“We then obtain a calibration precision that keeps up with the best calibration precision ever obtained on an astrophysical spectrograph, and we even see considerable potential for further improvement.”
Indeed, the researchers envisage using the new technique to not only study the star at the centre of our solar system, but stars much further away from us, particularly to find Earth-like planets that may be orbiting around them.
When a planet orbits a star, the star does not stay completely stationary, but instead moves in a very small circle or ellipse. When viewed from a distance, these slight changes in speed cause the star’s light spectrum to change a process known as a Doppler shift.
If the star is moving towards the observer, then its spectrum would appear slightly shifted towards the blue end of the spectrum; if it is moving away, it will be shifted towards the red end of the spectrum.
The researchers believe that an LFC would allow them to measure these Doppler shifts much more accurately and therefore increase the chances of spotting Earth-sized, habitable planets.
With conventional calibration techniques, the researchers state that they could measure a change in speed of roughly 1 m/s over large time periods; an LFC could enable measurements with an accuracy of 1 cm/s.
“In astronomy, LFCs are still a novelty and non-standard equipment at observatories. This however, is about to change, and LFC-assisted spectroscopy is envisioned to have a flourishing future in astronomy. Our present work shows how future astronomical LFCs could be utilized,” Probst concludes.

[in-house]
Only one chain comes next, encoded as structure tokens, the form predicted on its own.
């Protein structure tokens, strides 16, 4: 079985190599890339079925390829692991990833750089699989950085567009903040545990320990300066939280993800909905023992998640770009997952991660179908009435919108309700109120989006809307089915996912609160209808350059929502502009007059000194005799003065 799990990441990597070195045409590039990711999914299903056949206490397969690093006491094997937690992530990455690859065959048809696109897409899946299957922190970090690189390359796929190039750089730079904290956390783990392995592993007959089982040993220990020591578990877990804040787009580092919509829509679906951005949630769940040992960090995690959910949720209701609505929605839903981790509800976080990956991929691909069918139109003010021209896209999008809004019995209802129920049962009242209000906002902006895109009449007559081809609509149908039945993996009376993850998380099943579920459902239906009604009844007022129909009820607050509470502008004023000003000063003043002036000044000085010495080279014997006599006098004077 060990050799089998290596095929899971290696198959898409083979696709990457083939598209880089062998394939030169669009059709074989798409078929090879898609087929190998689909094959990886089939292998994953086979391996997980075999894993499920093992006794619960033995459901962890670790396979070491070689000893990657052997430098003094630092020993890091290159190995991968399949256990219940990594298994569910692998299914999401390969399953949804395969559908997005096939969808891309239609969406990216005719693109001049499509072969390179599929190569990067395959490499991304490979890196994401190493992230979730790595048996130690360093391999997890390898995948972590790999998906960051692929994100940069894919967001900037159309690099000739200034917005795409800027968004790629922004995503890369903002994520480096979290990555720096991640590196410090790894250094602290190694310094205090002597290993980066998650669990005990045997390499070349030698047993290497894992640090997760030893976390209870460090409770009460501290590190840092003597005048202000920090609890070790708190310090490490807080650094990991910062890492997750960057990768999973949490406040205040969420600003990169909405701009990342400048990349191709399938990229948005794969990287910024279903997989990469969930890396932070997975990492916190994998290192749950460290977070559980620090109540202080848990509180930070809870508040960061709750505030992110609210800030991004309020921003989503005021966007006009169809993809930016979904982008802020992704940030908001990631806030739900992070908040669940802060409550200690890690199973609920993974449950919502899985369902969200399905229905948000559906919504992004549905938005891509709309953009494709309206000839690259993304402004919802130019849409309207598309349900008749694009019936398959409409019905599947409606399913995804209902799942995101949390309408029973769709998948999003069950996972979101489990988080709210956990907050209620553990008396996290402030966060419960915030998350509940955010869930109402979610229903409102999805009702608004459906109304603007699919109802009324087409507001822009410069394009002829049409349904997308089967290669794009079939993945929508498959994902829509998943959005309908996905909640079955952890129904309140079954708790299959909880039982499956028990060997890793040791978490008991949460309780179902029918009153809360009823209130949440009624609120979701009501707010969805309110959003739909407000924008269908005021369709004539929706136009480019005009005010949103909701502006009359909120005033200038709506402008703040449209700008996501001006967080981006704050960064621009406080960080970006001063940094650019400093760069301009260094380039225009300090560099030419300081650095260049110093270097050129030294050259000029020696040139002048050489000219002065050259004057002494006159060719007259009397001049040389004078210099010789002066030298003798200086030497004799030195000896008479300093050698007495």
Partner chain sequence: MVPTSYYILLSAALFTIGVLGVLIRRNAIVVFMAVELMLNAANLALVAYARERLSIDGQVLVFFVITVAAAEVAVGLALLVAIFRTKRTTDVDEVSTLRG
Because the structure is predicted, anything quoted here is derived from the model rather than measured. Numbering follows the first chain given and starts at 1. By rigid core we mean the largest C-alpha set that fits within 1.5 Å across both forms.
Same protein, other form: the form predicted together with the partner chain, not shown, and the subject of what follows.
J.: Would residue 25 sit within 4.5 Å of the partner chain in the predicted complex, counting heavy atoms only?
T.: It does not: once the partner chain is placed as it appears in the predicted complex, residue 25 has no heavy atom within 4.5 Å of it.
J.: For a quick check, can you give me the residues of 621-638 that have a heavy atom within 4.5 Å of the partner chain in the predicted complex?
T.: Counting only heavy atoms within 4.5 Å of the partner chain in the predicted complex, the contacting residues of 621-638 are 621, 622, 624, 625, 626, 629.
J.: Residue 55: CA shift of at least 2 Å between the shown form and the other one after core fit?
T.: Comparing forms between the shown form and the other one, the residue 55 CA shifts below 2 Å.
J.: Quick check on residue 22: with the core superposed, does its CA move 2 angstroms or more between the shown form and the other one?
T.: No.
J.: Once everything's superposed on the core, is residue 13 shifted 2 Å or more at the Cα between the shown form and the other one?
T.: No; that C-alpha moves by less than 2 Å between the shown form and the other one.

The work is a collaboration comprising the Max Planck Institute of Quantum Optics in Garching, Germany, the Kiepenheuer Institute for Solar Physics in Freiburg, Germany, and the University Observatory Munich in Munich, Germany. Among the contributors are guest scientists from the National Astronomical Observatories of China in Beijing. Menlo Systems GmbH in Martinsried, Germany, is part of the collaboration as an industrial partner.
[IOP Publishing press release]
Max Planck Institute of Quantum Optics
Hans-Kopfermann-Str. 1, 85748 Garching, Germany
Phone: +49 (0)89 / 32 905 - 509
Dr. Ronald Holzwarth
Max Planck Institute of Quantum Optics
Hans-Kopfermann-Str. 1, 85748 Garching, Germnay
Phone: +49 (0)89 / 32 905 - 255
Prof. Dr. Theodor W. Hänsch
Professor of Experimental Physics,
Director at Max Planck Institute of Quantum Optics
Hans-Kopfermann-Straße 1, 85748 Garching, Germany
Phone: +49 (0)89 / 32 905 - 712
http://iopscience.iop.org/1367-2630/17/2/023048 (Link to paper download)
Dr. Olivia Meyer-Streng | Max-Planck-Institut für Quantenoptik